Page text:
What the heck is it???
Wedge shaped cast iron, 1 or 1 1/2 inches thick
Not a plumb bob.
KVHS member and dig volunteer, Scott Bocock, brought
in this example of an 1880-1890 food jar. Thanks Scott!
ceramic, stamped D & S ever-ready
Information discovered about this item: The Davidson
& Stevenson Porcelain Co. was founded in 1913 (catalog says 1914) to
make specialty porcelain (non-pin-types). They leased another pottery
plant at the northeast corner of Broadway and 6th streets in East
Liverpool from 1913 to 1919. This plant reverted to Hall China Co. in
1920. When Stevenson left the company in 1920, the name was changed to
The Davidson Porcelain Co. Operations were suspended in 1936. They
primarily made specialty porcelain (knobs, cleats, spools, etc.).
Insulators from the earlier operation were embossed "D &
S", "D & S P Co.", "EVER READY", or
"EVER READY / D. P. Co.". The specialty porcelain insulators
would have been made of dry process porcelain. Go here for more
information about this particular type of insulator: Thanks you
Jim Wozniewski for submitting information. http://www.oldhouseweb.com/stories/Detailed/14214.shtml
sheet metal lid
copper? strap metal
We would like more information about the above
"butter knife (?)".
We would like more information about this spoon.
It is marked "german silver" on the back side.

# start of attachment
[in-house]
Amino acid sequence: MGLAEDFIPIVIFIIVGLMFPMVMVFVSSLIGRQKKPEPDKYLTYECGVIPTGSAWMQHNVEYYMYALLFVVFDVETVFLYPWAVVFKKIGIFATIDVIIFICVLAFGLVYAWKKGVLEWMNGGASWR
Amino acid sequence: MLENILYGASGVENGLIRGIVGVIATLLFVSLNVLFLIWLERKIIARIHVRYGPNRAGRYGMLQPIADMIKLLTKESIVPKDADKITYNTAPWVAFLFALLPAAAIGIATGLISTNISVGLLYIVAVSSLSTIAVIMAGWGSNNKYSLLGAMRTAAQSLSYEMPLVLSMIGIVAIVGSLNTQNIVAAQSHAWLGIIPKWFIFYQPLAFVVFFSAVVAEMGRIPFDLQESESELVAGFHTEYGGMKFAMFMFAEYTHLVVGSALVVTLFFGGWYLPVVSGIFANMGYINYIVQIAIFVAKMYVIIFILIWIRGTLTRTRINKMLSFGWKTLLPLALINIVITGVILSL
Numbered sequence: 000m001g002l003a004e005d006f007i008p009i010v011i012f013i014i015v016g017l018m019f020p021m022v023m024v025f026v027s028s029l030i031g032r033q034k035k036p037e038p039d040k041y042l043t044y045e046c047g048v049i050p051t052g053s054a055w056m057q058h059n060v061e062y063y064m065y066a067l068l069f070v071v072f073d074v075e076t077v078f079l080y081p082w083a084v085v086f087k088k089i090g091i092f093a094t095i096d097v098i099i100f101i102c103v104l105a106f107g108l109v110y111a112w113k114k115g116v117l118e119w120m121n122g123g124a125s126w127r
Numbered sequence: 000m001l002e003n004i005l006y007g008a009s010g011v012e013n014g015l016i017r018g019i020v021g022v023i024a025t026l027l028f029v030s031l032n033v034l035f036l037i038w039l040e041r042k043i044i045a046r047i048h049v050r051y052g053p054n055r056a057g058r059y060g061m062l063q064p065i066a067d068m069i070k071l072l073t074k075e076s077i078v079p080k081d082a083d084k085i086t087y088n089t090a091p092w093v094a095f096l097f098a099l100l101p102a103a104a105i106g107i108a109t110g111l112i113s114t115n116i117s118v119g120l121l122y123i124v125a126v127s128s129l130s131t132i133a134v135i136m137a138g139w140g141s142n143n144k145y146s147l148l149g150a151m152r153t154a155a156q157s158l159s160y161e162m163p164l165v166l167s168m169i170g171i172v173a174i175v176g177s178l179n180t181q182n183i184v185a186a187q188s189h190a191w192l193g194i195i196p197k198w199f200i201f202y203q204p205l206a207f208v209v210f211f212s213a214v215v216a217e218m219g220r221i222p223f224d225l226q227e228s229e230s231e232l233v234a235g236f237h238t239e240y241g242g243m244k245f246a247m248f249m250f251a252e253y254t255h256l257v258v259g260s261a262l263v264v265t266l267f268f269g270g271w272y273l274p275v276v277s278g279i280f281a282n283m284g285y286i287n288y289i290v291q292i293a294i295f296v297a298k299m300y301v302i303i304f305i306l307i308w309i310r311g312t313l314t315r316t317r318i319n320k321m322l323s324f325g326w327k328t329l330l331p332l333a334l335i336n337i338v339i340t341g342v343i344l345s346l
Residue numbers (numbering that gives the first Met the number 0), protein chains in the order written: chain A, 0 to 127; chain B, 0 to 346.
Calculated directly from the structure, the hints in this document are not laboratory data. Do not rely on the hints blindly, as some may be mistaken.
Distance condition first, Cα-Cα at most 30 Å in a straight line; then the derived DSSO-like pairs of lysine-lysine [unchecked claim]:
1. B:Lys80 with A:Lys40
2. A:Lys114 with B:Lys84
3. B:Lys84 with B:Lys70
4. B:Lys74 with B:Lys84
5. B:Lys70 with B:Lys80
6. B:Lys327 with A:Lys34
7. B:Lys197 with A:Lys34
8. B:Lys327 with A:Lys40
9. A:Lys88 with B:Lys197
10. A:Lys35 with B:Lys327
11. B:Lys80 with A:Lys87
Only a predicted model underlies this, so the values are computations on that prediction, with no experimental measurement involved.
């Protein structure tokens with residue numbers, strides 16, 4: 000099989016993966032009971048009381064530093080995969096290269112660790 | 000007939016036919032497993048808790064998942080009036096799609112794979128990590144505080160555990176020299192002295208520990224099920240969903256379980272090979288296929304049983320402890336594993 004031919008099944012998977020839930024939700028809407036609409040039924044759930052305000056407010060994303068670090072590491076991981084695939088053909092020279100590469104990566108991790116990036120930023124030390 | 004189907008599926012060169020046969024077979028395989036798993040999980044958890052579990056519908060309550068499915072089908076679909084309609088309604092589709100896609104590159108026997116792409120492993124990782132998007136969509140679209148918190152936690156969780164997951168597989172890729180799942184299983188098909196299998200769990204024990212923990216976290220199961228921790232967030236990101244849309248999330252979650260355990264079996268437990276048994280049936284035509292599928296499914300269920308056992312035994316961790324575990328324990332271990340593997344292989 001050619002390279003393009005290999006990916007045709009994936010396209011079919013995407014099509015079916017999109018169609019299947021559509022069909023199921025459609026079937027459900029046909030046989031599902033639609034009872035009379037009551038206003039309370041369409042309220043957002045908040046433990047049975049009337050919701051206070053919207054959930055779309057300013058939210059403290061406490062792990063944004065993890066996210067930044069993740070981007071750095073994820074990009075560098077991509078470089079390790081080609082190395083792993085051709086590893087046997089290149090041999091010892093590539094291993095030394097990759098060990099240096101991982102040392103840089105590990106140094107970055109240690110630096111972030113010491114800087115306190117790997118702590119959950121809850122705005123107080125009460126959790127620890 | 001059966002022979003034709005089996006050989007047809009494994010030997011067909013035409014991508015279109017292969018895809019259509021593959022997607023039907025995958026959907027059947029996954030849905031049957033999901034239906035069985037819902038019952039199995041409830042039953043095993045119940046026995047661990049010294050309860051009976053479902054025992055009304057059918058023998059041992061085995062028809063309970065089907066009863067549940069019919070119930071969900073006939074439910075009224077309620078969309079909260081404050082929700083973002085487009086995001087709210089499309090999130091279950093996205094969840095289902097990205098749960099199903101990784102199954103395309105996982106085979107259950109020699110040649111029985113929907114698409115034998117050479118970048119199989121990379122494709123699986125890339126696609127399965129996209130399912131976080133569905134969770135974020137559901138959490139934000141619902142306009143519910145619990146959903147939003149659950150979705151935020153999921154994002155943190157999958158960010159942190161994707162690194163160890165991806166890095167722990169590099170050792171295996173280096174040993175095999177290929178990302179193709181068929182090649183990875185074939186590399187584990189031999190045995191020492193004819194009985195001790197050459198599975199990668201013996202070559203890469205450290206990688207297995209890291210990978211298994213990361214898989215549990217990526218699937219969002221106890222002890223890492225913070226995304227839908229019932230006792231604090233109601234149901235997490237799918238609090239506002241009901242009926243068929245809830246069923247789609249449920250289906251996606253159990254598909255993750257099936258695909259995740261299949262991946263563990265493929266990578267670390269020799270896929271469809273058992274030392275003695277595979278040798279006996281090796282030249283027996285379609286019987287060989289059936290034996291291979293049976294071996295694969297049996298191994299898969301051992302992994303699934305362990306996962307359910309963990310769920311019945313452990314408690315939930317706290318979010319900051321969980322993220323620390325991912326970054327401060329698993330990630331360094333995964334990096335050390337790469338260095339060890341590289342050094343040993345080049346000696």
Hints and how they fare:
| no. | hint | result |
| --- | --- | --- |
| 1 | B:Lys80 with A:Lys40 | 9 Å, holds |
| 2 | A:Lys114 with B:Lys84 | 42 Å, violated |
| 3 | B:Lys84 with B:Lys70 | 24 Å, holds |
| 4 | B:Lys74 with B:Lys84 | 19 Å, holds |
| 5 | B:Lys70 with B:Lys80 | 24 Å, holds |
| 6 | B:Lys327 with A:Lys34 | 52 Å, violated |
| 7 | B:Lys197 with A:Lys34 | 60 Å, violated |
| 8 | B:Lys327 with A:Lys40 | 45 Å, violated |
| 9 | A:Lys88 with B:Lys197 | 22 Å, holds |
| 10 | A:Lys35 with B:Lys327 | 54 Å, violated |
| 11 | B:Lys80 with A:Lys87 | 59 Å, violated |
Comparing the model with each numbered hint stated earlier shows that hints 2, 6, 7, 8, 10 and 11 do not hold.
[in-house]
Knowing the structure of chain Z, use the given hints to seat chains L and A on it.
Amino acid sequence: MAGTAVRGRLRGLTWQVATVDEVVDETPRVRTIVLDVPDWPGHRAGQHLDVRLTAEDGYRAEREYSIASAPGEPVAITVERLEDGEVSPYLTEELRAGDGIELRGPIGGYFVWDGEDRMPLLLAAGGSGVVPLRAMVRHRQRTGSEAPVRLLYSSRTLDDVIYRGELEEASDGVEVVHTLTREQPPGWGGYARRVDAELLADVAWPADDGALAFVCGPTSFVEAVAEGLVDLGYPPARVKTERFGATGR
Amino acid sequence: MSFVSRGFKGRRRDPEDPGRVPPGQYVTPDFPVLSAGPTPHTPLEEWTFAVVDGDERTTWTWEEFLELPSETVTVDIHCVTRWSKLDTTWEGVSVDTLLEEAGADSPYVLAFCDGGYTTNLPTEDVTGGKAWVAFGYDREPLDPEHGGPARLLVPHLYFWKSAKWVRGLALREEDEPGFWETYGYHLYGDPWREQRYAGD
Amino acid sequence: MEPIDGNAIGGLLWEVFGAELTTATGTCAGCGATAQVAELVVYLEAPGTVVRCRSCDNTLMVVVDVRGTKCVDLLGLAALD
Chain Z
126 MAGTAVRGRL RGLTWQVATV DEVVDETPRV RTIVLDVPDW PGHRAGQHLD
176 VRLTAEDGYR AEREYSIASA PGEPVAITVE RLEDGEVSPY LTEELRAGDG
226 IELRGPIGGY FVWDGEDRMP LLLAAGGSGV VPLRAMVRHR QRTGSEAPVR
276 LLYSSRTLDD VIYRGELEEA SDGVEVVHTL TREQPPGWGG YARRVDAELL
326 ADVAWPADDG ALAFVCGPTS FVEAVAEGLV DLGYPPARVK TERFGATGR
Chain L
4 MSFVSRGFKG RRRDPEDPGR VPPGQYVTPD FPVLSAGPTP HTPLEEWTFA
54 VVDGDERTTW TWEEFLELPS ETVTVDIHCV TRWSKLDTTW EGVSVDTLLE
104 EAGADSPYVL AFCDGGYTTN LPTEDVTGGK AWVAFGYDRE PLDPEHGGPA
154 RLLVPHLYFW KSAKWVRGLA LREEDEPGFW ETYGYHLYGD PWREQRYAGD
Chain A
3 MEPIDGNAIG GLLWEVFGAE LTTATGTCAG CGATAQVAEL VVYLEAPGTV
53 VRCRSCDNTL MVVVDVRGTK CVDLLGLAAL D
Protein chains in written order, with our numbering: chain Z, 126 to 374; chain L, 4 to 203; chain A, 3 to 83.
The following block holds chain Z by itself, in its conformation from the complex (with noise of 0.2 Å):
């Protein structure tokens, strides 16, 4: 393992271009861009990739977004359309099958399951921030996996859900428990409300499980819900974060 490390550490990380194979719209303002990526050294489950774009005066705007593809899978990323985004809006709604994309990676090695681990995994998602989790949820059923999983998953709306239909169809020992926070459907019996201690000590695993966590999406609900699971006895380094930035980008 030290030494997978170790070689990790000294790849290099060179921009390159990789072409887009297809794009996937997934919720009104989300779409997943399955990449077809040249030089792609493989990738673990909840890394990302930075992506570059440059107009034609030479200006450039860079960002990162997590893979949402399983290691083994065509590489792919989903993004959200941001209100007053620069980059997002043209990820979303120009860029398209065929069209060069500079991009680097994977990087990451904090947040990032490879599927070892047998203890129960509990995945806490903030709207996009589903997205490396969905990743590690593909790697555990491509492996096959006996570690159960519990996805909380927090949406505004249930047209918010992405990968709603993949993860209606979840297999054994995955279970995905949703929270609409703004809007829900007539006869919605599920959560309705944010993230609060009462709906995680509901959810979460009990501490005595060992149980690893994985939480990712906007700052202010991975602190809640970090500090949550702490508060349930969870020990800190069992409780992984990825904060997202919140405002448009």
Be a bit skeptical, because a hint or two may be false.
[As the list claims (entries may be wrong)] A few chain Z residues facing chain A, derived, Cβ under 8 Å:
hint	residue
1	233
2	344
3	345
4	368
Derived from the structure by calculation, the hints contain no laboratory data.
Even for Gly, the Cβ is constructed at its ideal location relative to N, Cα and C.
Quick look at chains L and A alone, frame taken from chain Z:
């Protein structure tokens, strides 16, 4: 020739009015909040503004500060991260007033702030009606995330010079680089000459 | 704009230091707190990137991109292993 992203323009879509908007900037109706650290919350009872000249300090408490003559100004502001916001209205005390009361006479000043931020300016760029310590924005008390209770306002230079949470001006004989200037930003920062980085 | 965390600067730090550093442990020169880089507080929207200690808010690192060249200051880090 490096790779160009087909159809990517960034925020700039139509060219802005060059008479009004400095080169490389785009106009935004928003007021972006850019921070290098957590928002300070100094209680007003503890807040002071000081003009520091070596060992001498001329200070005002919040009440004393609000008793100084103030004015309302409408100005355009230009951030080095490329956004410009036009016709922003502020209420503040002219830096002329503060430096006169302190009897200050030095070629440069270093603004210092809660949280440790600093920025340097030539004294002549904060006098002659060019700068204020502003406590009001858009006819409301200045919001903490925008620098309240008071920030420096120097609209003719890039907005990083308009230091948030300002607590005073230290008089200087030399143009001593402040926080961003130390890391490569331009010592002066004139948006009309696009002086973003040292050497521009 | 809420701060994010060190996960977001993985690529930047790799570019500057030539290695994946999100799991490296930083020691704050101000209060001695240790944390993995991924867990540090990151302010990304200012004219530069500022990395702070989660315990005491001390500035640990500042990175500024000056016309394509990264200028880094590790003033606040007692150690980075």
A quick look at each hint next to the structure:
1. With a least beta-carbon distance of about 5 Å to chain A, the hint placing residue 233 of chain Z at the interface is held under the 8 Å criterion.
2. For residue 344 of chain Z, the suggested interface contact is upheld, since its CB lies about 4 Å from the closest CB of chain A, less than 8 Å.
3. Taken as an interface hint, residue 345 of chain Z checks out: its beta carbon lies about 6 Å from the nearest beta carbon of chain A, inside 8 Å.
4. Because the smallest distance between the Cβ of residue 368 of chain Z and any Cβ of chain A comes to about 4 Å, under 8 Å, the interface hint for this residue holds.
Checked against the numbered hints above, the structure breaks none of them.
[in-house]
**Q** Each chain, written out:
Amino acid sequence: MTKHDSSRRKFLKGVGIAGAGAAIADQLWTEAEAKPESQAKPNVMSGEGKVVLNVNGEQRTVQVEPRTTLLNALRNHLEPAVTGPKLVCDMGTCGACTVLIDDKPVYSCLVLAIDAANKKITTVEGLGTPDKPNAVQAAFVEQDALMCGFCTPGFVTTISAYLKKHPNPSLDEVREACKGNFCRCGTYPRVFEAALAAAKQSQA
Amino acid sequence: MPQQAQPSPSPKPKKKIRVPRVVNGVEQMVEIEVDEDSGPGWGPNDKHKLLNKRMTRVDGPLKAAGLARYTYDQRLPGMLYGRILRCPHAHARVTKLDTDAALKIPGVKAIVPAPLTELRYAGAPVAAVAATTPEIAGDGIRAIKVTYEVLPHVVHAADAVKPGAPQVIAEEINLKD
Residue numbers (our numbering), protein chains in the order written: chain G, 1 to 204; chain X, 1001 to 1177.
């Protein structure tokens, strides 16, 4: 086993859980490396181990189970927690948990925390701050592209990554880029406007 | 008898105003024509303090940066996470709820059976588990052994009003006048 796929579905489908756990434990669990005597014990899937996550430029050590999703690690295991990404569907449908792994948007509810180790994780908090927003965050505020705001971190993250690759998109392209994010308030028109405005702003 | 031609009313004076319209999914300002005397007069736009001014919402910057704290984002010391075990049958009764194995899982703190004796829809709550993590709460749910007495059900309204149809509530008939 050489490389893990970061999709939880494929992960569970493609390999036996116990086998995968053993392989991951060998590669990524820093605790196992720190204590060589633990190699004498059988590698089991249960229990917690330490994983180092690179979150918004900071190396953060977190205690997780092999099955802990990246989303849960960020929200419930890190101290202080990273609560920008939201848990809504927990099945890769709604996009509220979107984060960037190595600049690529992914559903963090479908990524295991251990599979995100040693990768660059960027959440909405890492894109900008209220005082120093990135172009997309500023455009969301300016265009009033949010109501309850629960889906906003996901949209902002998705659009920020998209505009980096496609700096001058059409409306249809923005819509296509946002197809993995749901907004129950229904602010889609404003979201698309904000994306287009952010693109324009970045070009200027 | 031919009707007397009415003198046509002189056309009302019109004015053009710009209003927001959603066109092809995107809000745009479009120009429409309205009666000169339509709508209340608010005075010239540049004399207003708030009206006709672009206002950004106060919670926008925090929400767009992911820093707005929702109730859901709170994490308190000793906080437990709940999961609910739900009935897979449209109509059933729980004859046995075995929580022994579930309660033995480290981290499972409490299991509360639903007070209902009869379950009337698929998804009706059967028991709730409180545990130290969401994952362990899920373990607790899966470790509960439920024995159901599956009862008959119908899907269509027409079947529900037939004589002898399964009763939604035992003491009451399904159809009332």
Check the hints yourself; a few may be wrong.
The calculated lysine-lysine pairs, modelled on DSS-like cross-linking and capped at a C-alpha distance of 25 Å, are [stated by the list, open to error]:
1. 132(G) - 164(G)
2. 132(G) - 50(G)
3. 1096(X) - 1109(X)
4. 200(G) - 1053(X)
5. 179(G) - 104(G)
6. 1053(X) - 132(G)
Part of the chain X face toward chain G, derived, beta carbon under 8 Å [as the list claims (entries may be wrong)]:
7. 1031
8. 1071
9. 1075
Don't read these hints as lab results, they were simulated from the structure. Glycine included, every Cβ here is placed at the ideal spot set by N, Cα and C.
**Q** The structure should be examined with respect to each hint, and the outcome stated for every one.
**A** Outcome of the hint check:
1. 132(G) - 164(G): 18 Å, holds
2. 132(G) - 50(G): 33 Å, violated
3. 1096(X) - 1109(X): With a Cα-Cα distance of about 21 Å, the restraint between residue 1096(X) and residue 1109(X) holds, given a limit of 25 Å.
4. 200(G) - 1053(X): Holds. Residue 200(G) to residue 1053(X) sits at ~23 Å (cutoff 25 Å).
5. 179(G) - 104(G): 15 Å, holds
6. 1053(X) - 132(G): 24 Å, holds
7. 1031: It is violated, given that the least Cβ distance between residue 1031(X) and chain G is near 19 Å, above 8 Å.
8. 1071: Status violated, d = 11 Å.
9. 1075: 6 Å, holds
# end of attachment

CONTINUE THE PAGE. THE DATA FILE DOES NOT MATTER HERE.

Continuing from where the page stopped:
Appears to be a fiddleback style spoon similar
to those carried by Union soldiers during the Civil War.
Information about german silver: Name for various
alloys of copper, zinc, and nickel, sometimes also containing lead and
tin. They were originally named for their silver-white color, but use of
the term silver is now prohibited for alloys not containing that metal.
German silver varies in composition, the percentage of the three
elements ranging approximately as follows: copper, from 50% to 61.6%;
zinc, from 19% to 17.2%; nickel, from 30% to 21.1%. The proportions are
always specified in commercial alloys. German silver is extensively used
because of its hardness, toughness, and resistance to corrosion for
articles such as tableware (commonly silver plated), marine fittings,
and plumbing fixtures. Because of its high electrical resistance it is
used also in heating coils. It was discovered (early 19th cent.) by a
German industrial chemist, E. A. Geitner. Thanks you Dick Schmal
for submitting information.
We would like more information about this clay
Appears to be a part for a cook type stove. We
need more information or correction.
Unknown pottery base manufacturer mark. Need
Information submitted by Elizabeth Holtz:
Unger & Schilde china makers mark. So here
for more information: http://www.porcelainmarksandmore.com/thuringia/roschuetz_1/00.php
Etched glass. Need more information.
Might be some sort of sewing tool, but would like more
information on what it actually is. Possible ear wax spoon.
Yah, I know. Gross, but they were in use before q-tips.